EPPO Alert List – Senecio brasiliensis (Asteraceae) 




Senecio brasiliensis (Asteraceae) was recorded in 2021 for the first time in the EPPO region. A naturalised population was found in the Matosinhos port area in Portugal. It has previously been recorded as a causal species in Great Britain. Dana et al. (2021) assess S. brasiliensis as having a high potential of becoming an invasive alien plant species in Europe, due to its biology and that climatic conditions are suitable for the species establishment. The EPPO Panel on Invasive Alien Plants are seeking further information on any additional occurrences of S. brasiliensis the EPPO region.





Population in Portugal. Courtesy: Paulo Alves

Senecio brasiliensis. Courtesy: Paulo Alves

Population in Portugal. Courtesy: Paulo Alves 


Geographical distribution

EPPO region: Portugal.

South America: Argentina, Bolivia, Brazil, Paraguay, Uruguay.



Erect glabrous herbaceous perennial, 100–200 cm tall, branched and densely leafy throughout. Leaves 6–12 cm long, alternate, sessile, deeply pinnatisect with 2–4 pairs of linear segments 25–50 mm long and +/– 2 mm wide. Inflorescence a terminal multi-flowered corymb; heads radiate, campanulate, 3.5–4 mm diameter, glabrous. Ray florets female, +/– 12 in number; 4–5 mm long, bright yellow. Cypselae densely pubescent, 1.2 mm long, brownish; pappus white, 5 mm long.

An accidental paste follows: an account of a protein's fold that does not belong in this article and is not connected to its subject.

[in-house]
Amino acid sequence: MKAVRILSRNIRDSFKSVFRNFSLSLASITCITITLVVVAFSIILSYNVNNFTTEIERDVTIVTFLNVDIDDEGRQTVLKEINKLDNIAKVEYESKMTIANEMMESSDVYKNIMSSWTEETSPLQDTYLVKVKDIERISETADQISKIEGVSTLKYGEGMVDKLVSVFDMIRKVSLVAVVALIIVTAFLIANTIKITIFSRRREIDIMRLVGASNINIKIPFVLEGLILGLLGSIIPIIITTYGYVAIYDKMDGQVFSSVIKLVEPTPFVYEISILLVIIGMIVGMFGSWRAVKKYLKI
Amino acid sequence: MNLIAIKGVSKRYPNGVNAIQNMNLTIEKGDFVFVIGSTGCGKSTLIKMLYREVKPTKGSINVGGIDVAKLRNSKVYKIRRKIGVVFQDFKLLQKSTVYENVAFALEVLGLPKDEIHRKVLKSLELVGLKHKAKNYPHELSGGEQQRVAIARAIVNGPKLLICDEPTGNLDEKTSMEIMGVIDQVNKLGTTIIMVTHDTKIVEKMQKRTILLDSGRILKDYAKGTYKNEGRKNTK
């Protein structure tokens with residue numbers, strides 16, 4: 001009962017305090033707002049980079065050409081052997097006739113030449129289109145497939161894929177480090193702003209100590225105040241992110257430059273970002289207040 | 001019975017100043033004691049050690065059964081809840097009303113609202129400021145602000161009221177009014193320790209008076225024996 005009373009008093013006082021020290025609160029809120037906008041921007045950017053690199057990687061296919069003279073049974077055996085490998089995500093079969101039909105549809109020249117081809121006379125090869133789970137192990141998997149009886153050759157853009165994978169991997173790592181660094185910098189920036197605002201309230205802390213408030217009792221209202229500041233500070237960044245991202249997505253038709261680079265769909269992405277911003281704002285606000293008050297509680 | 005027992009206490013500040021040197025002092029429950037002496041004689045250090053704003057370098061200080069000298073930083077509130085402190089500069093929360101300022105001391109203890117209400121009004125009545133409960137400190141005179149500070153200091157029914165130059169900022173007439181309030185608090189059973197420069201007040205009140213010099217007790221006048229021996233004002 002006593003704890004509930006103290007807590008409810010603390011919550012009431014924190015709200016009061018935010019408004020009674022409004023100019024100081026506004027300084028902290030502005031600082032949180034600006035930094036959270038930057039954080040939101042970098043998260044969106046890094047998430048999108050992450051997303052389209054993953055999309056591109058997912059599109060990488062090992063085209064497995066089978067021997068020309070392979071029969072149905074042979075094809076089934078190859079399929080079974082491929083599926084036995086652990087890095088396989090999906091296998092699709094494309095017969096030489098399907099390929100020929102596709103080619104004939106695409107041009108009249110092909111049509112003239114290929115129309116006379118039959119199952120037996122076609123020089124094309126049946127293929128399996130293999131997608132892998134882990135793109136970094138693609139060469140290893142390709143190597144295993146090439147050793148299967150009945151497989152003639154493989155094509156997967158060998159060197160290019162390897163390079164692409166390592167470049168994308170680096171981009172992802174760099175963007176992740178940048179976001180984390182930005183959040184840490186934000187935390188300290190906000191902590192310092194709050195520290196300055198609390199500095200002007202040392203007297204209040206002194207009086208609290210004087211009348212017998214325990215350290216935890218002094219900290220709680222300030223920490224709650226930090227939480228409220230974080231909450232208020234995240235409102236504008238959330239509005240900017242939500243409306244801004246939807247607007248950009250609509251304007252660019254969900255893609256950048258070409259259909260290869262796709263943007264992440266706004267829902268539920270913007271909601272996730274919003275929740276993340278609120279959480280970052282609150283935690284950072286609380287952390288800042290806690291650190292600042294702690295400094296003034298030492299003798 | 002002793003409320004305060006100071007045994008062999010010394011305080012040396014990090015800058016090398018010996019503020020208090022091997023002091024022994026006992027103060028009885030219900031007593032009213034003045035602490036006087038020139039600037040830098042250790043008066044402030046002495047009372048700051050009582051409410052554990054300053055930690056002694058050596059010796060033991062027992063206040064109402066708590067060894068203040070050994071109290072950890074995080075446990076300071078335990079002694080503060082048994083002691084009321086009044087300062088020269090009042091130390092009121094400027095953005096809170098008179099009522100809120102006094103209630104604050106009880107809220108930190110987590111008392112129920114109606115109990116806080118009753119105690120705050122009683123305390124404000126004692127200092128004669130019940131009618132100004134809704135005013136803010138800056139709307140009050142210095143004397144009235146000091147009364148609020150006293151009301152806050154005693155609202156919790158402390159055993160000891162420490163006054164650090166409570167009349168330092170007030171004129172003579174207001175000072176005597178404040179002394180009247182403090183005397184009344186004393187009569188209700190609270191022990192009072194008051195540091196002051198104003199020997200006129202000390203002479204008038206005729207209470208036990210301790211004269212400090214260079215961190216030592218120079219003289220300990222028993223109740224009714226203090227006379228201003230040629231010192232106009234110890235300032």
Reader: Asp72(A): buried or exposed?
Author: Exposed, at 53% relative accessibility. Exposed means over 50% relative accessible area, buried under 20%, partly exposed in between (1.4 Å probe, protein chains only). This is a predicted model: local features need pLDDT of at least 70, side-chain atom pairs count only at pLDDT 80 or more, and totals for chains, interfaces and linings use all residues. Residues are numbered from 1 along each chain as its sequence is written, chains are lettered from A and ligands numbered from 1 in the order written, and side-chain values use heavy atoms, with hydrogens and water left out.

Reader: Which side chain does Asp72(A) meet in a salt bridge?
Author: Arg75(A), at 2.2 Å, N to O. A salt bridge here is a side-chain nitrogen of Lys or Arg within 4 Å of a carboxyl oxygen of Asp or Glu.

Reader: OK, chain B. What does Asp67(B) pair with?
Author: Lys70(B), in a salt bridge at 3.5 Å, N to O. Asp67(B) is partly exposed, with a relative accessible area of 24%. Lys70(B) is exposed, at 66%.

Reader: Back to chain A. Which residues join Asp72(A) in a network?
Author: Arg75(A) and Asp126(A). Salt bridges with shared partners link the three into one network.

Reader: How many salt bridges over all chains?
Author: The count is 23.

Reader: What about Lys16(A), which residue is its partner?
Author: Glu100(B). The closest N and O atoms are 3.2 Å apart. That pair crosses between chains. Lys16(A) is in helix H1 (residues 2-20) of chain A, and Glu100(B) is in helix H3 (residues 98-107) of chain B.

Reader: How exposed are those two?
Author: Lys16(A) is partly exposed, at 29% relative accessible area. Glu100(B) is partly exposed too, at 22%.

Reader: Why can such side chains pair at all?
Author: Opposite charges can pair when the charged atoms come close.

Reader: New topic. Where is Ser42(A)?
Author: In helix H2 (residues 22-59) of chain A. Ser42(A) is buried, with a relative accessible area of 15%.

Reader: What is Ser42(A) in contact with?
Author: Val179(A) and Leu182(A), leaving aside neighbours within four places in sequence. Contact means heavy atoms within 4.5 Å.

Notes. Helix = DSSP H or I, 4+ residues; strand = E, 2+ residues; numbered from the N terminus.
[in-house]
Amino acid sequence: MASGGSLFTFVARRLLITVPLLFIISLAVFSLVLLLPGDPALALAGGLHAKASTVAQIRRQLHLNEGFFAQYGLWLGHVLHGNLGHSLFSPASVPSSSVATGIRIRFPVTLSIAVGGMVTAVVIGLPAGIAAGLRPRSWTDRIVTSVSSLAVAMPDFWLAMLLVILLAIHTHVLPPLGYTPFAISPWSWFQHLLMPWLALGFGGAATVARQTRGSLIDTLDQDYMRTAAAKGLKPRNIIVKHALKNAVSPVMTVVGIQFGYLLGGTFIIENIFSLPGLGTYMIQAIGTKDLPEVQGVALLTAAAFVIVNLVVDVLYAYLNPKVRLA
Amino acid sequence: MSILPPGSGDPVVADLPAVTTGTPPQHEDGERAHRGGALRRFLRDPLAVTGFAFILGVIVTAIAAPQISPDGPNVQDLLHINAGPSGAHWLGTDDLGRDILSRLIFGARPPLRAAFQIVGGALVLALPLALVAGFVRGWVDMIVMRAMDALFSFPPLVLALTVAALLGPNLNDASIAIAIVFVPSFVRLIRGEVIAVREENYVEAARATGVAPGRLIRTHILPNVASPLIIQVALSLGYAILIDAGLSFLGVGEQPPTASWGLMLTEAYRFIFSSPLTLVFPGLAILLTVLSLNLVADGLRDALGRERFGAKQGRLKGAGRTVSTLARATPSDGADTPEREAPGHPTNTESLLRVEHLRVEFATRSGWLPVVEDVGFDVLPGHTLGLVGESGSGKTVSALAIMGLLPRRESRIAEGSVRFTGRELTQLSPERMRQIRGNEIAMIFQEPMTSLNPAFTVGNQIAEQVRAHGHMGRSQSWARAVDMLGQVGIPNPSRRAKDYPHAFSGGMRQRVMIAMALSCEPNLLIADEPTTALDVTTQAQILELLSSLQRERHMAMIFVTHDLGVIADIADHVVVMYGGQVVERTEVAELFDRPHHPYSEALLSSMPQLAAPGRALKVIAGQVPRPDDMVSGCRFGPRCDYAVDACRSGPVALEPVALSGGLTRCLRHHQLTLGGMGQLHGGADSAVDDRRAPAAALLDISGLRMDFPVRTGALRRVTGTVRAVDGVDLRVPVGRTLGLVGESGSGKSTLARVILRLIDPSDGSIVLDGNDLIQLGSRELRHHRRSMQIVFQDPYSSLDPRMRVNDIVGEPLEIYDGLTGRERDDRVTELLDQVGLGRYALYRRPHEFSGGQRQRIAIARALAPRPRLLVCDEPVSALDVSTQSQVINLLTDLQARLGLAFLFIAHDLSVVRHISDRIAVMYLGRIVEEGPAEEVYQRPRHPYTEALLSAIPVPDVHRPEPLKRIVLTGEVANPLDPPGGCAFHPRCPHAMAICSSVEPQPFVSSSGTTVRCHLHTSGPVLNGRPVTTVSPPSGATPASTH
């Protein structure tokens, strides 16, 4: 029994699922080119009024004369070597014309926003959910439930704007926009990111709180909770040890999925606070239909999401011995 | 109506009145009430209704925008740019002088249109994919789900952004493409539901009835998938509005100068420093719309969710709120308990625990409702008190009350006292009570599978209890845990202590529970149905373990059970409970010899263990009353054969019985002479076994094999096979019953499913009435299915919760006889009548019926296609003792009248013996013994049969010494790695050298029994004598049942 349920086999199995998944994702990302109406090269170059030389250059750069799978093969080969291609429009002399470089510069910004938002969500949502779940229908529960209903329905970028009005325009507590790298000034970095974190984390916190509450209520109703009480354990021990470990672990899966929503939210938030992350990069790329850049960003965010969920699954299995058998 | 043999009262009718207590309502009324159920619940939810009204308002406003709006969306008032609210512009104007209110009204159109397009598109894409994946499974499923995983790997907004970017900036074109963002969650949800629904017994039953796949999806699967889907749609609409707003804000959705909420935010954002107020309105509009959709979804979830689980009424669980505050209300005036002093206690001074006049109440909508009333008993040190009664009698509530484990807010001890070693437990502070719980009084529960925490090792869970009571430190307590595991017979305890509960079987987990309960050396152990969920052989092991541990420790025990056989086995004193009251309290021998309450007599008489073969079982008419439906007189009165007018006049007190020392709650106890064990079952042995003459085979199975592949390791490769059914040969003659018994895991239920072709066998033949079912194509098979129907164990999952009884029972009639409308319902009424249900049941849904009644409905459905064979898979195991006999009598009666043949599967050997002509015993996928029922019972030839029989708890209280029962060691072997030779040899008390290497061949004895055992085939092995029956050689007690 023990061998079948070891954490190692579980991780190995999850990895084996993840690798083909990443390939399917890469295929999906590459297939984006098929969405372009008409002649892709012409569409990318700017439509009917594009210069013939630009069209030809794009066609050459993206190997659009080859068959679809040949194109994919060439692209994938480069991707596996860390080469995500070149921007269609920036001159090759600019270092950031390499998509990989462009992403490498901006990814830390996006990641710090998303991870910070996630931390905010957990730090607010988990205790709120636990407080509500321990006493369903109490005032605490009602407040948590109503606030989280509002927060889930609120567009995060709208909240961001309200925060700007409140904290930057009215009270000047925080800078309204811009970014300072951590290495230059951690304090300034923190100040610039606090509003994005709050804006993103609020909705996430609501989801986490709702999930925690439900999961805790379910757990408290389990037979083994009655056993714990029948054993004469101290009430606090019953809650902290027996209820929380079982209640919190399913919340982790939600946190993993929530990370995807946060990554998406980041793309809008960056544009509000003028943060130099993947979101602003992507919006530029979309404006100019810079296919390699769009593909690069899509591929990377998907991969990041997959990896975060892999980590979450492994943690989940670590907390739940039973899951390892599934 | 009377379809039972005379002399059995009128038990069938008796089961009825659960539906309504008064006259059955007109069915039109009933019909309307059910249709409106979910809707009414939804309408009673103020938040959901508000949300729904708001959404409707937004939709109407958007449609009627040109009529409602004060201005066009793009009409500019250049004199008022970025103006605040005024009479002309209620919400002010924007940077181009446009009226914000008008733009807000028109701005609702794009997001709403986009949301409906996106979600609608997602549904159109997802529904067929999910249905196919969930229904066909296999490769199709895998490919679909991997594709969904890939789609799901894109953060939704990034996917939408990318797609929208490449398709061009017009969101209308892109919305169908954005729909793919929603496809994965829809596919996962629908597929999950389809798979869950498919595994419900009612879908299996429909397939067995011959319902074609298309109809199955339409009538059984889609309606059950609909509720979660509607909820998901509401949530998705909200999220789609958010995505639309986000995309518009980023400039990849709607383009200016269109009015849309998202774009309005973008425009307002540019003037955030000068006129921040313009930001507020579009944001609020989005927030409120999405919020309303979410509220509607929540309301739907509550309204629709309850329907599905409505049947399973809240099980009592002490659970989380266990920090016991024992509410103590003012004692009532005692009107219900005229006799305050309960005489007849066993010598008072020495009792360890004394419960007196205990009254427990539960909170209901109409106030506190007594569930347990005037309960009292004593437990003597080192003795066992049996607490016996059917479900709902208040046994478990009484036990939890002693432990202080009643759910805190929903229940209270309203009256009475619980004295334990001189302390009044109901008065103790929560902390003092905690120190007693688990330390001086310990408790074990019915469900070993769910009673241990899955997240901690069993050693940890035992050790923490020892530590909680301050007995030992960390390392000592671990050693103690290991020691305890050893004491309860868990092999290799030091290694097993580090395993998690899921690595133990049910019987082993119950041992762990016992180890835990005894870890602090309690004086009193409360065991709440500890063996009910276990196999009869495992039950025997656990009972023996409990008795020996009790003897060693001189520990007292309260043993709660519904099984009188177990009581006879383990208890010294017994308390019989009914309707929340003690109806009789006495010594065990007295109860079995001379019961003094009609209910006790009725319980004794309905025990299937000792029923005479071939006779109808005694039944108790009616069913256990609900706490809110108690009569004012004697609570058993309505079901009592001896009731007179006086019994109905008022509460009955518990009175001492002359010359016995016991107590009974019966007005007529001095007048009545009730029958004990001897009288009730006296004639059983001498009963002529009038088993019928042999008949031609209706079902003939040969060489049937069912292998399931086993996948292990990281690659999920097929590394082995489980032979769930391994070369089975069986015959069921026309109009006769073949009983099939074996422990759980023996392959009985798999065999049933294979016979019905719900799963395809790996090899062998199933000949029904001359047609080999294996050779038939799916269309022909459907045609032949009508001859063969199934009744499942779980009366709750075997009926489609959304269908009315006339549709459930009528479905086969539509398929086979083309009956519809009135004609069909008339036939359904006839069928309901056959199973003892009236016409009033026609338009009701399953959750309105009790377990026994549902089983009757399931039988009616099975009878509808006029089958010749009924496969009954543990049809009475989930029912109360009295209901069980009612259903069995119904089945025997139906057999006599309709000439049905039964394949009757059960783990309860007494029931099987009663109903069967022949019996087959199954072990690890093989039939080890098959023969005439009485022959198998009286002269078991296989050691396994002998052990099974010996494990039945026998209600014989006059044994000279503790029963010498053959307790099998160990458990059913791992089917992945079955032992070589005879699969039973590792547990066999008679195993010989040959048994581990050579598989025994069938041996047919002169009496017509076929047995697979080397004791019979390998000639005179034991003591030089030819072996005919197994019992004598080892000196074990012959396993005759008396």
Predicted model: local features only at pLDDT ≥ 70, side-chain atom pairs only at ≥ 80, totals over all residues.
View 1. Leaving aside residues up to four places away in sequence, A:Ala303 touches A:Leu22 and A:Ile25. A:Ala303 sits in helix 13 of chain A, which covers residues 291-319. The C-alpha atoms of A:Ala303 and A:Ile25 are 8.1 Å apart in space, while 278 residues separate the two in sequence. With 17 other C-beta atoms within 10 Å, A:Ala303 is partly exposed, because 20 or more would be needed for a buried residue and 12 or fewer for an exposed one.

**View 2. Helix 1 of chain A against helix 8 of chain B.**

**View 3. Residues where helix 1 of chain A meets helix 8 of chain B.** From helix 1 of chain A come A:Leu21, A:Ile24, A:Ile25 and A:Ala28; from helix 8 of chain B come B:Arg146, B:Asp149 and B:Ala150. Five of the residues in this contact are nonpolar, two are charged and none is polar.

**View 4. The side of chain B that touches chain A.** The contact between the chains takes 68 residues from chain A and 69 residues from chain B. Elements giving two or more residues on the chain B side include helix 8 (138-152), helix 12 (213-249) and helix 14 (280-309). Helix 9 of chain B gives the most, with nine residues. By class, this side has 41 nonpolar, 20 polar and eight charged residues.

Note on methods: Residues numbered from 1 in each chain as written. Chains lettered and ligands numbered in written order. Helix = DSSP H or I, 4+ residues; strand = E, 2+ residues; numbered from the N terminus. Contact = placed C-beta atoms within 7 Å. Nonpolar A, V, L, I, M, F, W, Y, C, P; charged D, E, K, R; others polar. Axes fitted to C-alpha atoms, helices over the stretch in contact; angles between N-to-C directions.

Biology and Ecology

Senecio brasiliensis is a perennial shrub which produces a large number of seeds which are wind dispersed. Other species of Senecio are known to have large and persisting seed banks.



In its native range, S. brasiliensis is recorded as a serious weed in agriculture. In Portugal, 10–20 individuals were recorded in several habitat types, specifically hygrophilous woodlands, in the fringe of mixed plantations and on disturbed ground dominated by small shrubs, perennial grasses and forbs.


Pathways for movement

It is likely that S. brasiliensis has entered the EPPO region as a contaminant of seed, grain or imported wood material. The Matosinhos port in Portugal receives shipments of logs of eucalyptus imported from Brazil and Uruguay.



Senecio brasiliensis can form thick stands which can have the potential to outcompete native plant species. It is reported to be allelopathic and can inhibit seed germination. In South America, it is reported to be one of the main species that can cause natural intoxication of livestock, and it also has negative impacts in agriculture. It can contaminate hay reducing its value. S. brasiliensis has the potential to degrade pastureland in the EPPO region.



Controlling large populations of Senecio species can be difficult due to the persistent seed bank and wind dispersed seeds. Physical control measures can be applied but to be successful, all parts of the plant must be removed.



Dana ED, Verloove F, Alves P, Heiden G (2021) Senecio brasiliensis (Spreng.) Less. (Asteraceae), another potentially invasive alien species in Europe. BioInvasions Records 10(3), 521–536. https://doi.org/10.3391/bir.2021.10.3.02